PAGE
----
Monday, December 10, 2007

I got into an argument on the internet awhile ago, over the nature of videogames. In this conversation, I came off as a philistine, because the argument I was making runs counter to standard party lines. I thought where I was coming from was completely understandable, but the person I was arguing with thought I was just talking crazy talk. My argument will be reiterated here.

Games don't work as storytelling mediums. They can't do what a movie does, no matter how cinematic their creators try to be. The whole nature of there being something that someone else controls works against the natural storytelling impulse, and specifically, the ability to have an ending reinforce themes.

This isn't to dismiss them as their own thing, or to say that they're useless because they can't tell a story. I think their strength is this weird meditative aspect, of doing something over and over again to get further and further. I like them as reverse Buddha Machines, designed for the eyes and hands, as opposed to being listened to. World exploration also fits into this.

The idea that as technology improves, games will become more cinematic is an awful one, completely opposed to what I find useful or interesting. Most games I like are over ten years old at this point, but that doesn't mean that the technology is a dead-end. I keep on imagining bigger worlds.

I bring this up because I had further aesthetic differences with the person I was arguing with: He wrote a thing about comics where he stated that the drawing doesn't always matter, but the writing always does. I don't know if I can get into arguing against that without parroting other people's opinions, so I'll just let it suffice to say we had different ideas of what constituted good drawing- which is a completely different argument.

On the other side of things, I had a conversation in real life with another writer. I asked her what sort of literary influences she had, and she responded by just saying that she tried to capture the way her favorite music made her feel. Which at the time, I took to mean that she didn't read very much, and a dodge of the question, but to angle for that sort of transendence is altogether admirable. I've sinced learned that she mostly writes music criticism and features, so it's not quite the same thing, but still.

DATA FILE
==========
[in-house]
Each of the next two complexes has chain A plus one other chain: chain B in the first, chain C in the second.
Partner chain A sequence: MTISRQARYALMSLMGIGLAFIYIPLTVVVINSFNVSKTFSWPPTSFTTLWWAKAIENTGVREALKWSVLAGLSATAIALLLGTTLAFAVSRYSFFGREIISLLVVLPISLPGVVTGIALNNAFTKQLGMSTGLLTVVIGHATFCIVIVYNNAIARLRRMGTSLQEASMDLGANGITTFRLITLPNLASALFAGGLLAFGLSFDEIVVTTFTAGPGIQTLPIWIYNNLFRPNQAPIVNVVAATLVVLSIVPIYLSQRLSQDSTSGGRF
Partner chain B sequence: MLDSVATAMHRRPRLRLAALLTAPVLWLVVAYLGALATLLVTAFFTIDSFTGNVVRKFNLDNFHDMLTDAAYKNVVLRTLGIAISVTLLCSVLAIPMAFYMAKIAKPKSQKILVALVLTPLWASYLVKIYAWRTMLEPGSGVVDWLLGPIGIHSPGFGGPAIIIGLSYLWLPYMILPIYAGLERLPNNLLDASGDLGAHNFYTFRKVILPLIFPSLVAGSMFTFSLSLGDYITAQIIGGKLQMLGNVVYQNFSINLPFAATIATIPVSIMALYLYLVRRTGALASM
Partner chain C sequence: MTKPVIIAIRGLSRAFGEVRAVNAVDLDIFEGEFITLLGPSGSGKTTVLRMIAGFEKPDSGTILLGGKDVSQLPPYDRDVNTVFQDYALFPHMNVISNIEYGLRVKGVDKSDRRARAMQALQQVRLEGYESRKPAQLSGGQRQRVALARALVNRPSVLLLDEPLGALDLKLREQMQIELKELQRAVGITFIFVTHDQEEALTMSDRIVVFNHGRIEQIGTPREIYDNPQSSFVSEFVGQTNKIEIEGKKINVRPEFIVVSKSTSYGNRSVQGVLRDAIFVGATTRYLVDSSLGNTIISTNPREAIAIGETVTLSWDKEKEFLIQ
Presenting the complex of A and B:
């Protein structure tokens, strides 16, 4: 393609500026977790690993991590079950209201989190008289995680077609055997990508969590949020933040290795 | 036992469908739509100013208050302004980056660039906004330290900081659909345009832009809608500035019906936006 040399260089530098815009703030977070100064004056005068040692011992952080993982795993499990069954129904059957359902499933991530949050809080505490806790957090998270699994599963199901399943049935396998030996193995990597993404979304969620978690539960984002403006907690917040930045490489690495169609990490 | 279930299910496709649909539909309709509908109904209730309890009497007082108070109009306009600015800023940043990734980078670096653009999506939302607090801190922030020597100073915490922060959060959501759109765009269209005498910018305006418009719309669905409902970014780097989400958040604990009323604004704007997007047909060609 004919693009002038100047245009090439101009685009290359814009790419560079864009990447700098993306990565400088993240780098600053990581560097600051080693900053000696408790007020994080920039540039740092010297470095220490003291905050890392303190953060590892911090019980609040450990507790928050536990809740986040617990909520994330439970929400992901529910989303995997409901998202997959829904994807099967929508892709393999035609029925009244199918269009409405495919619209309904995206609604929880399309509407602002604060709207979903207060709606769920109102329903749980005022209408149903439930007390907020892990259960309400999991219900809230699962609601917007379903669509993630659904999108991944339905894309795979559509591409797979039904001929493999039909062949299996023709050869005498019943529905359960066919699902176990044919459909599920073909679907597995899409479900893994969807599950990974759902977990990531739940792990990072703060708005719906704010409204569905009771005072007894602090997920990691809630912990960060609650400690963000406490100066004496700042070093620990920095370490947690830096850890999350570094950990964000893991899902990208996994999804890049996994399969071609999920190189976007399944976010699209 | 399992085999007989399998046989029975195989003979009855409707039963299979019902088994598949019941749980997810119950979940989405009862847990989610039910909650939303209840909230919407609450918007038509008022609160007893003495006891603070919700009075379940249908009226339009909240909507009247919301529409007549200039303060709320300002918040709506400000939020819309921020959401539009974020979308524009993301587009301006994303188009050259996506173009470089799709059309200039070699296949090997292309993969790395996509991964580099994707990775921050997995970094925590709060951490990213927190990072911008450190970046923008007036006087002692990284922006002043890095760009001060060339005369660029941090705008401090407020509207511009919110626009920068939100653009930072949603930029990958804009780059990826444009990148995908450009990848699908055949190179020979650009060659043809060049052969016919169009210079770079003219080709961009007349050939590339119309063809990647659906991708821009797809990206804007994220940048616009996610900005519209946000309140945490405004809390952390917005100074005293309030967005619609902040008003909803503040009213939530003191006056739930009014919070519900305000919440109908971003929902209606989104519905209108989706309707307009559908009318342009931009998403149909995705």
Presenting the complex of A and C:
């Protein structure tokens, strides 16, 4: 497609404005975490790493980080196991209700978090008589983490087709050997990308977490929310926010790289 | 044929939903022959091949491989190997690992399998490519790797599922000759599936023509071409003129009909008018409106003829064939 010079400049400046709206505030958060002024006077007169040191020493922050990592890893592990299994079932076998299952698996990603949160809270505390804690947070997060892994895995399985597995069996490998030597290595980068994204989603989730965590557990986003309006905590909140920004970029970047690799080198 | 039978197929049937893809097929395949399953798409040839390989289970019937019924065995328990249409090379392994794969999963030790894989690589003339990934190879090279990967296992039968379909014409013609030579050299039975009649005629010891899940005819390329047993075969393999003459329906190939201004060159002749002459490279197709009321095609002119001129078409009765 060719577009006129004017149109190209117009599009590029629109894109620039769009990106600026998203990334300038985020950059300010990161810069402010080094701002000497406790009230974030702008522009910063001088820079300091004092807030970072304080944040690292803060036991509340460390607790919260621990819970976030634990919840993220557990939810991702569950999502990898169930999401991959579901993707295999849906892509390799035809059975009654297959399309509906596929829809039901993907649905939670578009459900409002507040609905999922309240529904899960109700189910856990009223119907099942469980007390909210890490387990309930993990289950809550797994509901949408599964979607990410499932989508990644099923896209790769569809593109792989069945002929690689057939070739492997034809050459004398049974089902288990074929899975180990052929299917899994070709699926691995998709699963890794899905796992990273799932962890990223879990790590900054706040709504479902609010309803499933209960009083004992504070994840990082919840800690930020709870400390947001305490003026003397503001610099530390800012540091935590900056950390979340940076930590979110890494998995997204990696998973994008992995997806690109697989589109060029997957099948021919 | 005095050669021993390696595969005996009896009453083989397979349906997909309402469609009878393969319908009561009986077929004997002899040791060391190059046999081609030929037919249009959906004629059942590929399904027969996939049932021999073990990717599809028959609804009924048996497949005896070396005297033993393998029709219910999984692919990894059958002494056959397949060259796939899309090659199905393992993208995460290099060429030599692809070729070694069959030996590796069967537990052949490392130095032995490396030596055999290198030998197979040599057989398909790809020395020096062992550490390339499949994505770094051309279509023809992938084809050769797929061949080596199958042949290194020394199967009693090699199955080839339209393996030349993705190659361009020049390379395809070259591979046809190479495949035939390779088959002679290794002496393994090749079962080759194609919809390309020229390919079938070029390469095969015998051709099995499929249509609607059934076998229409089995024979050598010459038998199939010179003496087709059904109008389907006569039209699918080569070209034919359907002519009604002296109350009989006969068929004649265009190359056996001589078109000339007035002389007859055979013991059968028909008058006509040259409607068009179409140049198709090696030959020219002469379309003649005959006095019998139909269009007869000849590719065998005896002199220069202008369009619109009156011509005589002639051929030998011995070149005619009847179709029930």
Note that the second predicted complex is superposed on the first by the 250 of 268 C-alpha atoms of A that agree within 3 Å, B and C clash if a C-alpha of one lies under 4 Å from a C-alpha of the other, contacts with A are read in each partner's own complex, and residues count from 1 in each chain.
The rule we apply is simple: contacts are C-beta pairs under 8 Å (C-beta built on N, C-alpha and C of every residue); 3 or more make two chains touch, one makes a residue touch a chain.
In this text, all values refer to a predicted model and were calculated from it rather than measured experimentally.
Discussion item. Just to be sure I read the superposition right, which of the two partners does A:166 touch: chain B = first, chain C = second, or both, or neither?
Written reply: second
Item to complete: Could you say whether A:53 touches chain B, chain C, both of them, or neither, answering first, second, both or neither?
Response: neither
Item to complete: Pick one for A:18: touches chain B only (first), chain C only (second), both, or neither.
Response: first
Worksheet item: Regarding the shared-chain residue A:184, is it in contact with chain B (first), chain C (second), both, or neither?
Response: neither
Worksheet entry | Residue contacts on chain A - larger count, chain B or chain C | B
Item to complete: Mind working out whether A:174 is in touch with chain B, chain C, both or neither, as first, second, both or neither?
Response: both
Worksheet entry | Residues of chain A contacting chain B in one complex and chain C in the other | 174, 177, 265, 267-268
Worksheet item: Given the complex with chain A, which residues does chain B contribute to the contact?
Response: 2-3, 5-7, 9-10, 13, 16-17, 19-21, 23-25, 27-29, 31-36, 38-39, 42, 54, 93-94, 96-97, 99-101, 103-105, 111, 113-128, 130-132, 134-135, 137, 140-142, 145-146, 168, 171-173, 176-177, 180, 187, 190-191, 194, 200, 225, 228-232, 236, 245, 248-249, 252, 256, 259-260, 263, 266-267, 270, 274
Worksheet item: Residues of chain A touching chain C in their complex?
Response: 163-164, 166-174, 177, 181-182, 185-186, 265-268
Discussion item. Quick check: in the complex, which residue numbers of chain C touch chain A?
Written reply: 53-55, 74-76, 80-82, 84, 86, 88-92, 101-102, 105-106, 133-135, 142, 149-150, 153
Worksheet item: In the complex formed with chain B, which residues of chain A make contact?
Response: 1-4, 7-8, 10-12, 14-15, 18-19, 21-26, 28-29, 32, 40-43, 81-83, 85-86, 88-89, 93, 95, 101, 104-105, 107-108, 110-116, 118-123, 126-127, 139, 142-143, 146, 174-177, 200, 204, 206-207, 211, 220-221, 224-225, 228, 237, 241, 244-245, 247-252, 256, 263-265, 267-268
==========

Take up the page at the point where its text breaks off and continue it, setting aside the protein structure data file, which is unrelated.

This post doesn't quite work. It exists largely because I am putting off writing a post about Taiyo Matsumoto's Tekkon Kinkreet. I feel obligated to do it at some point because comics bloggers started linking to me, so I should up the comics-content accordingly, but I don't want this to be about comics exclusively, or predominantly, and actually I don't even read enough for this to be updated regularly were that to become the case. I think my goal is to try to talk about all sorts of different artistic mediums, like it's all some sort of vague toolkit, for people trying to take one medium and bend it towards being like another, to achieve some sense of transcendence. The only issue is talking about everything like that, angling towards transcendence without a really emphatic focus, will probably end up with a lot of kind of vague and inarticulate writing. (My Tekkon Kinkreet review, for instance, will be focused on the drawing, but I am without the aid of a scanner to actually make my points lucid.)

So, okay, let's talk about Steven Millhauser. Which I've done before. Bill Boichtel, proprietor of a comics store in Pittsburgh, said that "In the literature, film and-- perhaps especially-- the comics of the last few decades, we can’t help but notice faint hints of flavor, subtle aromas, and distant echoes which seem, now, after becoming familiar with it, to have somehow emanated from [Edwin Mullhouse]." (He also recommended another book of prose I'm reading right now.) I can only vaguely understand where he's coming from with that, but it's still more sensible than this quote, from I think The Washington Post, that shows up on a lot of his books, saying that his writing doesn't "just aspire to the condition of music, but actually achieves it," which is completely insane for all but the most synaesthetic of us. That said, I kind of think Millhauser's stuff works like visual art- Partly because of the way he talks about art, but mainly due to how the nature of the ideas of fantastic world building that form the basis for the majority of his stories would make sense worked out in an installation context.

No comments: